CHICAGO -- Even in defeat, White Sox right-hander Jake Peavy felt quite a bit better during his July 19 start in Kansas City compared to his final three first-half trips to the mound. Peavy allowed 14 earned runs on 23 hits over 16 1/3 innings as part of that stretch.
Peavy felt better throwing his slider against the Royals, a pitch also affected by the lack of arm strength he felt following a four-inning relief stint against the Nationals on June 25.
"You know, it's getting better. The other night it was certainly better. Guys were swinging and missing," said Peavy of the slider. "At the same time, I missed location-wise and they got hit a few times.
"Anything is going to be better than those last three starts before the break. I just didn't have arm strength, no arm velocity, and like I said, when you talk about velocity and your arm strength, it's not just your fastball. Everything else feeds off that.
"Throwing cutters, your cutter's not going to be as sharp, it's not going to be as crisp," said Peavy, who squares off against Detroit's Justin Verlander on Tuesday. "Your breaking ball. So certainly, I feel better, and I hope everything's as sharp as it can be."
Buehrle's future on South Side not certain
CHICAGO -- Mark Buehrle has allowed three runs or fewer in 15 straight starts, posting a 7-3 record with a 2.55 ERA over that stretch, and adding on to that total via Monday's 6-3 victory over the Tigers at U.S. Cellular Field.
The 32-year-old is turning in another stellar season during the final season of a four-year, $56 million contract. With this success in mind, the question was posed to White Sox general manager Ken Williams on Monday as to whether he thinks about Buehrle and his future fit in Chicago.
"Every day," Williams told MLB.com. "I think about all aspects of this club every single day.
"Maybe not the first day I was in Napa, [Calif.]," added Williams with a laugh, referring to his All-Star break vacation. "The second day, though. Every day."
A smiling Williams wasn't quite as jovial, though, when asked if Buehrle definitely could be considered part of the organization's 2012 plans and beyond.
"Oh, come on. You know I can't answer that question," Williams said. "Listen, I'm worrying about today. I can't put my arms around any part of that. I have to think about today."
Buehrle has full no-trade veto power, having played 10 years in the Majors and at least five for one team. If he's traded in 2011, a fifth year of this current deal kicks in at $15 million for the 2012 campaign. Buehrle told MLB.com back in Spring Training that he would think of approving a trade if it really helped the White Sox because they had done enough for him and his family over the course of his career.
But he would not go to any team just out of loyalty. After not yielding an earned run in six innings on Monday, Buehrle indicated his 2011 home is Chicago and his focus is on the American League Central title.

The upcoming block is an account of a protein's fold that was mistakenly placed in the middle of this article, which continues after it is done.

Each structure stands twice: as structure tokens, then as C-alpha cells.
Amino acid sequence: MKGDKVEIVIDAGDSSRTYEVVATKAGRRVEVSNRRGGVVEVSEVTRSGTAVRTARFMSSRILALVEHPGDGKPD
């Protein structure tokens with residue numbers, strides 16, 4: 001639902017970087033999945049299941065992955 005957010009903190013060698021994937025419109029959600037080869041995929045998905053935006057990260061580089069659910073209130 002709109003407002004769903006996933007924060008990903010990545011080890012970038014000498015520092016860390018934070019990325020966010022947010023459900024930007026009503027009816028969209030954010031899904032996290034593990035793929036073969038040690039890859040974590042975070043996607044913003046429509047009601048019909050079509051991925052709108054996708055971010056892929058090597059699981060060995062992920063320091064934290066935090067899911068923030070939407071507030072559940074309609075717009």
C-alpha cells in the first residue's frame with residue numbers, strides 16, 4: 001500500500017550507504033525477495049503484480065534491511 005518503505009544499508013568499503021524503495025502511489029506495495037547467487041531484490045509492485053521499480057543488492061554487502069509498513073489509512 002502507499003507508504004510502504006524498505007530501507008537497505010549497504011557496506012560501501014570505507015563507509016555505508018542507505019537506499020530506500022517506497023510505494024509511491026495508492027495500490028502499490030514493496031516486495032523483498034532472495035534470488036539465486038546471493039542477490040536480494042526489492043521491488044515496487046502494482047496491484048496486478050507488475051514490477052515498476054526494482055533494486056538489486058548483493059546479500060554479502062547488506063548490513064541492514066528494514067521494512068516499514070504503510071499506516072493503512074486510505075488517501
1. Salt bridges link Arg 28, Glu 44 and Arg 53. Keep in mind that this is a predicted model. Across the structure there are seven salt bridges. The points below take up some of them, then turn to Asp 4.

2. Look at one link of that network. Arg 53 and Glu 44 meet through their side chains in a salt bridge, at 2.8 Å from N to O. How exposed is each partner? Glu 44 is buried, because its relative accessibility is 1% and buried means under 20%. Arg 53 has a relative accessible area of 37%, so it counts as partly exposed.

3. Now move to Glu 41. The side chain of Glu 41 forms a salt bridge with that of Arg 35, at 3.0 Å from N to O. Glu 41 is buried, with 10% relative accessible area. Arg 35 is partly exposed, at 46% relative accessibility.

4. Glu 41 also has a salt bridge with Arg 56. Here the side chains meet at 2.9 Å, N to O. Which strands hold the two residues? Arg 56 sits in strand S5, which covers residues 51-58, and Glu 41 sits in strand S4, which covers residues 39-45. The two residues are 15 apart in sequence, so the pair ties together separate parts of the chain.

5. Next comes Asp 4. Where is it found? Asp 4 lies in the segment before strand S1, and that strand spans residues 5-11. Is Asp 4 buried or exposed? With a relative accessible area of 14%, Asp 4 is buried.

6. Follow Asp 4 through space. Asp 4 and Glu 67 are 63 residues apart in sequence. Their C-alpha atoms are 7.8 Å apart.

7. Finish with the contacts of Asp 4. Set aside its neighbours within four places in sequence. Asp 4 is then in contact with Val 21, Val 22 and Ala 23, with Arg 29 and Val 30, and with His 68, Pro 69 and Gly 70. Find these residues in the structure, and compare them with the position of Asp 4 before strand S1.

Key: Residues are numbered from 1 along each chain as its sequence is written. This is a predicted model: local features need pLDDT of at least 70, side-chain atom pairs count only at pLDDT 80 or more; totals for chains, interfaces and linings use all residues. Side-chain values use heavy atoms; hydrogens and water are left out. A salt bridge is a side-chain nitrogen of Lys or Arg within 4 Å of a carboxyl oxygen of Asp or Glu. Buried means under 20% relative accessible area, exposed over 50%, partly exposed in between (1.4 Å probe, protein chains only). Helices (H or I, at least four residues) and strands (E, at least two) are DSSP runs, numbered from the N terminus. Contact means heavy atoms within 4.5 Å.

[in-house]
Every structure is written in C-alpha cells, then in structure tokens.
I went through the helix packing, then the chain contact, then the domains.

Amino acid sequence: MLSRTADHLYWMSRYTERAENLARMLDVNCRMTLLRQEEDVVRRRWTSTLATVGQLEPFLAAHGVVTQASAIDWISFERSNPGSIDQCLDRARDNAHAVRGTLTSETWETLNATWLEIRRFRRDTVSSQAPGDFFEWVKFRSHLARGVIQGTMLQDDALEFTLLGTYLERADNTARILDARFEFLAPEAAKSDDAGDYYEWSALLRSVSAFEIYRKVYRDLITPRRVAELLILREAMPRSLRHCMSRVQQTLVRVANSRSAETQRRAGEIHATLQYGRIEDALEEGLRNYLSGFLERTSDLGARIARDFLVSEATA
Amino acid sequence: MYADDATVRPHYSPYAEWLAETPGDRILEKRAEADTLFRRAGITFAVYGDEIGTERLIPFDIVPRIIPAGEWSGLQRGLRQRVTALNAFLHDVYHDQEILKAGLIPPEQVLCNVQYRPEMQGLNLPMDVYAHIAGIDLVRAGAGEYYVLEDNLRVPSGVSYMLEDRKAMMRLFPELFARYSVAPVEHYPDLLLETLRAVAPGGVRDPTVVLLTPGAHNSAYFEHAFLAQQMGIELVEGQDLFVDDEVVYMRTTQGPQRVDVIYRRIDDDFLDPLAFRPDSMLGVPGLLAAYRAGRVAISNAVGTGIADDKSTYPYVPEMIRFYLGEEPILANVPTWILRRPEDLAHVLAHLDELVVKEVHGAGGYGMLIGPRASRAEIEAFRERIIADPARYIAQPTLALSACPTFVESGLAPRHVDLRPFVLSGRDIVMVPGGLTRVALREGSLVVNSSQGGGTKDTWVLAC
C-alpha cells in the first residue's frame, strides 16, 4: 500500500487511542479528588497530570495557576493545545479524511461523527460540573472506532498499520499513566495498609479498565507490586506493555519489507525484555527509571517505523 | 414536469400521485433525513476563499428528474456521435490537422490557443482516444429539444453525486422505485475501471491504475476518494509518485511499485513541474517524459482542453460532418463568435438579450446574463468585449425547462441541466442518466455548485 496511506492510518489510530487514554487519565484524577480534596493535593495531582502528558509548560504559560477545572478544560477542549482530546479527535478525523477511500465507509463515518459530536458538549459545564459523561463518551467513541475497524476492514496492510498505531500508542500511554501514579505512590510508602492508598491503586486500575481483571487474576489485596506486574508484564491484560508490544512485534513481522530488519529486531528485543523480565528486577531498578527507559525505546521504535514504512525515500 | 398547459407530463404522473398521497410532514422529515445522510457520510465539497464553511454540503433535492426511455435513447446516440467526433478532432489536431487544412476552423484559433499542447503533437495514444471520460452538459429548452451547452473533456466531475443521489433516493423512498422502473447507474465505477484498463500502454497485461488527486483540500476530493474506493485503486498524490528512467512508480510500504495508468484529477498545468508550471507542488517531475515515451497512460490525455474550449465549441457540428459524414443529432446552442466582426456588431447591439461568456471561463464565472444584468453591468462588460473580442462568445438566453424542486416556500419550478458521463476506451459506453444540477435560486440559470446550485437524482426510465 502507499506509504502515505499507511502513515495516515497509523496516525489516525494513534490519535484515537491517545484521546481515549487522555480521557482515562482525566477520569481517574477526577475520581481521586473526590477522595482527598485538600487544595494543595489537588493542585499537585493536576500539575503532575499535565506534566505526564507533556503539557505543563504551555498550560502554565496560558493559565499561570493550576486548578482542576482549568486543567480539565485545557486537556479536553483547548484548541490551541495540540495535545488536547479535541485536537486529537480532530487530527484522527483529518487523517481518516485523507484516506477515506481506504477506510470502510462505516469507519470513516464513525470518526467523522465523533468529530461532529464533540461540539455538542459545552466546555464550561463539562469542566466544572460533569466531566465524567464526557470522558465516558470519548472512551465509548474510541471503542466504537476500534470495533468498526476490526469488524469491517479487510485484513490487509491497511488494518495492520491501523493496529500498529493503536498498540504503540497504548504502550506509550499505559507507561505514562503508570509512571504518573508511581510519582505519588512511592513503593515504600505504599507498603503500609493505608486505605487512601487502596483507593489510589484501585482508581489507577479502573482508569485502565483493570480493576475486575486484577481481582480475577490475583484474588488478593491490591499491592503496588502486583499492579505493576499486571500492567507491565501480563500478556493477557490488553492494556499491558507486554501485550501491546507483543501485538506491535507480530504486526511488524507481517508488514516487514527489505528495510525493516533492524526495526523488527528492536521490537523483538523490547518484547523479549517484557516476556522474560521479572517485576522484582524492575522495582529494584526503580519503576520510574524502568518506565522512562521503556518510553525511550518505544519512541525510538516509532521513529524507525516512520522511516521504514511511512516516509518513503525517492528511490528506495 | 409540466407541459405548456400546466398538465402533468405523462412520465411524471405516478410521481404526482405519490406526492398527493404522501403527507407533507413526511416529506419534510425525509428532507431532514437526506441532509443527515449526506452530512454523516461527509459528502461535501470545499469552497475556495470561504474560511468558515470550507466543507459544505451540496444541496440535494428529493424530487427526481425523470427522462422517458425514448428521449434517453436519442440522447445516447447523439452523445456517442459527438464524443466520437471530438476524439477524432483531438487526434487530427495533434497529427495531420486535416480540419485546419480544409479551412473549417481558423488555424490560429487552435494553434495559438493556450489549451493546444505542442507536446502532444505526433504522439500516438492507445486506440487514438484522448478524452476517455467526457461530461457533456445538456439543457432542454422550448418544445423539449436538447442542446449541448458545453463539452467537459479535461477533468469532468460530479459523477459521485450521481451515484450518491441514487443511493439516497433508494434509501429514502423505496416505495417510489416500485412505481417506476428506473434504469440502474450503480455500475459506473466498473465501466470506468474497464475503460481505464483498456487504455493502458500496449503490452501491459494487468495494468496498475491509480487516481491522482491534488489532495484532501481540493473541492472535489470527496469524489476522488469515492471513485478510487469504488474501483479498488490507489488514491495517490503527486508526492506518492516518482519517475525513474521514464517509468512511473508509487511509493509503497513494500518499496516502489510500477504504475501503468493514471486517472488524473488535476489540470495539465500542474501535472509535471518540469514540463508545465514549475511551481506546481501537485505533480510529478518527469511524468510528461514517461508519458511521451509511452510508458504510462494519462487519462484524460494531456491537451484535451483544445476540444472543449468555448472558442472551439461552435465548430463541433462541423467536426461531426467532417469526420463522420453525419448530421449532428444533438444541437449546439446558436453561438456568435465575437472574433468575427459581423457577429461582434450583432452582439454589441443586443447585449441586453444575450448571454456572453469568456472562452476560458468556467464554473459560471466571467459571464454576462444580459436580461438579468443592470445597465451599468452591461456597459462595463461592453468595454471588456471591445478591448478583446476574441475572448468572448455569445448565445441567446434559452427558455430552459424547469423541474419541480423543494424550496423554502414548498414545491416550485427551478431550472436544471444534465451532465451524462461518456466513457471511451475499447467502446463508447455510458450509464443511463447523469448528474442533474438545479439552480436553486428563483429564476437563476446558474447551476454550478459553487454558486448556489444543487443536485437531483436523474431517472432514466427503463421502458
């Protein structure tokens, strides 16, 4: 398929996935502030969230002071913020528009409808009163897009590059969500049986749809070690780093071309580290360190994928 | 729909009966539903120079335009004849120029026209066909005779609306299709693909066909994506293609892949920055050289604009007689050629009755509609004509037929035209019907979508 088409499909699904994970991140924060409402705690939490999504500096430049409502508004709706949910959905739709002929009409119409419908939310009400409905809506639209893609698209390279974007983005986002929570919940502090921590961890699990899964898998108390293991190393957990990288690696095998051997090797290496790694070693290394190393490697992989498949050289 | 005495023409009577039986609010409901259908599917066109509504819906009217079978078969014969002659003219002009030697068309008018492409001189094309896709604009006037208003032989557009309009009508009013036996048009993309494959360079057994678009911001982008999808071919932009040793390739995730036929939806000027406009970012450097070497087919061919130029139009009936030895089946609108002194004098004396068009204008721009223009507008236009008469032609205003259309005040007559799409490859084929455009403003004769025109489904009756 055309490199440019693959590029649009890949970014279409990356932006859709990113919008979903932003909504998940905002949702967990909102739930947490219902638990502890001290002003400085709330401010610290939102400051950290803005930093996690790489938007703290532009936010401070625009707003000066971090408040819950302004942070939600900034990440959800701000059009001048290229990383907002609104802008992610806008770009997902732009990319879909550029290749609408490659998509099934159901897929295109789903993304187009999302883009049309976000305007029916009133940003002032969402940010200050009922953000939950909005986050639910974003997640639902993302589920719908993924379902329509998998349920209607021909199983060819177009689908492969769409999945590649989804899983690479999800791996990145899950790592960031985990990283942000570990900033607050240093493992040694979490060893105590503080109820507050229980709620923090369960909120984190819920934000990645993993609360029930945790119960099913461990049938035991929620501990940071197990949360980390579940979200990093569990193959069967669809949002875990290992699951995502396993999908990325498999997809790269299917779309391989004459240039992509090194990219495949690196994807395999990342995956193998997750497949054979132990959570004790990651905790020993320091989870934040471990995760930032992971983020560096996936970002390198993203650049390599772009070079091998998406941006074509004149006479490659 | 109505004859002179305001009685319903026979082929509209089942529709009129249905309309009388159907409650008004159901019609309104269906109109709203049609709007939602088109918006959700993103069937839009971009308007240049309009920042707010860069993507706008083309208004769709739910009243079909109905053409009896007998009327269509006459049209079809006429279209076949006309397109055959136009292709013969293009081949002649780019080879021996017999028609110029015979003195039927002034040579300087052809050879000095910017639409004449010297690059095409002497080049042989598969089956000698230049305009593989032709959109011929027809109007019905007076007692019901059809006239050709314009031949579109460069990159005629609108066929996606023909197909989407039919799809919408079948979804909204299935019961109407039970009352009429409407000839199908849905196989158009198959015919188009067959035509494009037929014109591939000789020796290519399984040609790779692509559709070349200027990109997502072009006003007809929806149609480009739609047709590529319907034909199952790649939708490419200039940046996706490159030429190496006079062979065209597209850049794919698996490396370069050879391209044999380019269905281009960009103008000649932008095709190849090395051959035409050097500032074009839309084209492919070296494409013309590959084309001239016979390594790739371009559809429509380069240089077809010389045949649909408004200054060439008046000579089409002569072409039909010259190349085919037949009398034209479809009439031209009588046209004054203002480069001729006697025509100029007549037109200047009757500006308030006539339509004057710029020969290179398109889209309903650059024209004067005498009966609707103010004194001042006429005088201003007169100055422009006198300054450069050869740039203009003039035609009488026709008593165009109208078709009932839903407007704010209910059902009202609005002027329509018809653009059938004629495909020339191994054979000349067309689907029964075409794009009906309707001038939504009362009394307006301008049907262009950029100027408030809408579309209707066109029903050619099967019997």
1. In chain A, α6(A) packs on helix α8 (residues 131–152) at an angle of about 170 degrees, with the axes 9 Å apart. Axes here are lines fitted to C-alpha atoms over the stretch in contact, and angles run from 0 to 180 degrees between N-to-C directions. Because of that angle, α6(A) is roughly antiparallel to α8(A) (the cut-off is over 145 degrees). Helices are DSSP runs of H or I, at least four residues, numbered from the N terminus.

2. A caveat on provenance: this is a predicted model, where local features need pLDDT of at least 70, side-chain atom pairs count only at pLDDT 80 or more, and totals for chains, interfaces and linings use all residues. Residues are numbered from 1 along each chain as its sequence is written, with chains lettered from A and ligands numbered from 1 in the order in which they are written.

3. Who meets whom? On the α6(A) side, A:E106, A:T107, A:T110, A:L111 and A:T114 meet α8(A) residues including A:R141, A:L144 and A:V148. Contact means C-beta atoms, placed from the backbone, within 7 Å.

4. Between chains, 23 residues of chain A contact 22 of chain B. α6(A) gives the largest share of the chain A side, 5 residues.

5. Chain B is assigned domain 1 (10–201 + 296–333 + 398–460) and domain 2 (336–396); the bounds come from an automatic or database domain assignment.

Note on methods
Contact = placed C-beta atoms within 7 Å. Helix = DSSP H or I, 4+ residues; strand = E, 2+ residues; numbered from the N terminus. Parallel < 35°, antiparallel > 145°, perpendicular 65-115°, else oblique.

"I plan on being here throughout the end of the year," said Buehrle, after tying Ed Cicotte for seventh place in White Sox history with his 156th win. "That's all I have control over. I'm not the GM."
Of course, if the White Sox put on a strong run over the next week or so, the slim possibility of moving one of the faces of the franchise would disappear.
"He's been all right," said Williams, back in a humorous mode when addressing Buehrle's immense White Sox contributions. "He's had a good game here and there."
Alexei confident hot streak will come
CHICAGO -- A distinct pattern formed over Alexei Ramirez's previous three Major League seasons. He struggles in April and then picks up his game on offense as the weather gets warmer.
But that pattern has been reversed in 2011. Ramirez posted a .265 mark in April, hit .313 with three homers and 20 RBIs in May and then dropped to .263 in June and .215 in July. Ramirez has gone 5-for-26 in his past eight games.
"Things haven't exactly worked out to this point the way I have hoped," said Ramirez, through translator Jackson Miranda. "But by the same token, I feel good and we'll see what happens.
"Everyone knows how this time is always when I've gotten hot. So, this year, it's like during the winter time, I've played better than I have now. During this time is when I should be a lot hotter than I am compared to how the season started."
Hitting second hasn't altered the focus on offense for Ramirez, who has nine homers and 42 RBIs. He still believes a hot streak exists in the season's final two months.
"Definitely," Ramirez said. "There are a lot of games still left and it's just a matter of time."
Teahens hosting charity event
CHICAGO -- White Sox utility player Mark Teahen and his wife, Lauren, will be hosting a charity event on Wednesday night from 7-9 p.m. CT at the upstairs lounge of Rockit Bar & Grill River North in Chicago. The Summer Soiree is in support of Chrysalis, a domestic violence agency helping battered women and children, and will feature other White Sox players in attendance.
"Really, it's just kind of a little get-together, just a couple of hours of hanging out," said Teahen, whose wife volunteers at the shelter. "It's a rare opportunity to hang out and mingle with the guys."
Tickets are $30 purchased ahead of time, including access to a private reception with cocktails and hors d'oeuvres. A silent auction and raffle also will take place the night of the event.
Third to first
Paul Konerko's next at-bat will be the 7,000th of his career. Konerko also hit his 388th homer in Monday's 6-3 win, accounting for his 1,971st hit, while playing in career game No. 1,947. White Sox pitchers have a 2.01 ERA since the All-Star break, including a 2.03 mark for the starters. Adam Dunn is 2-for-68 vs. lefties this season and 17-for-140 at home.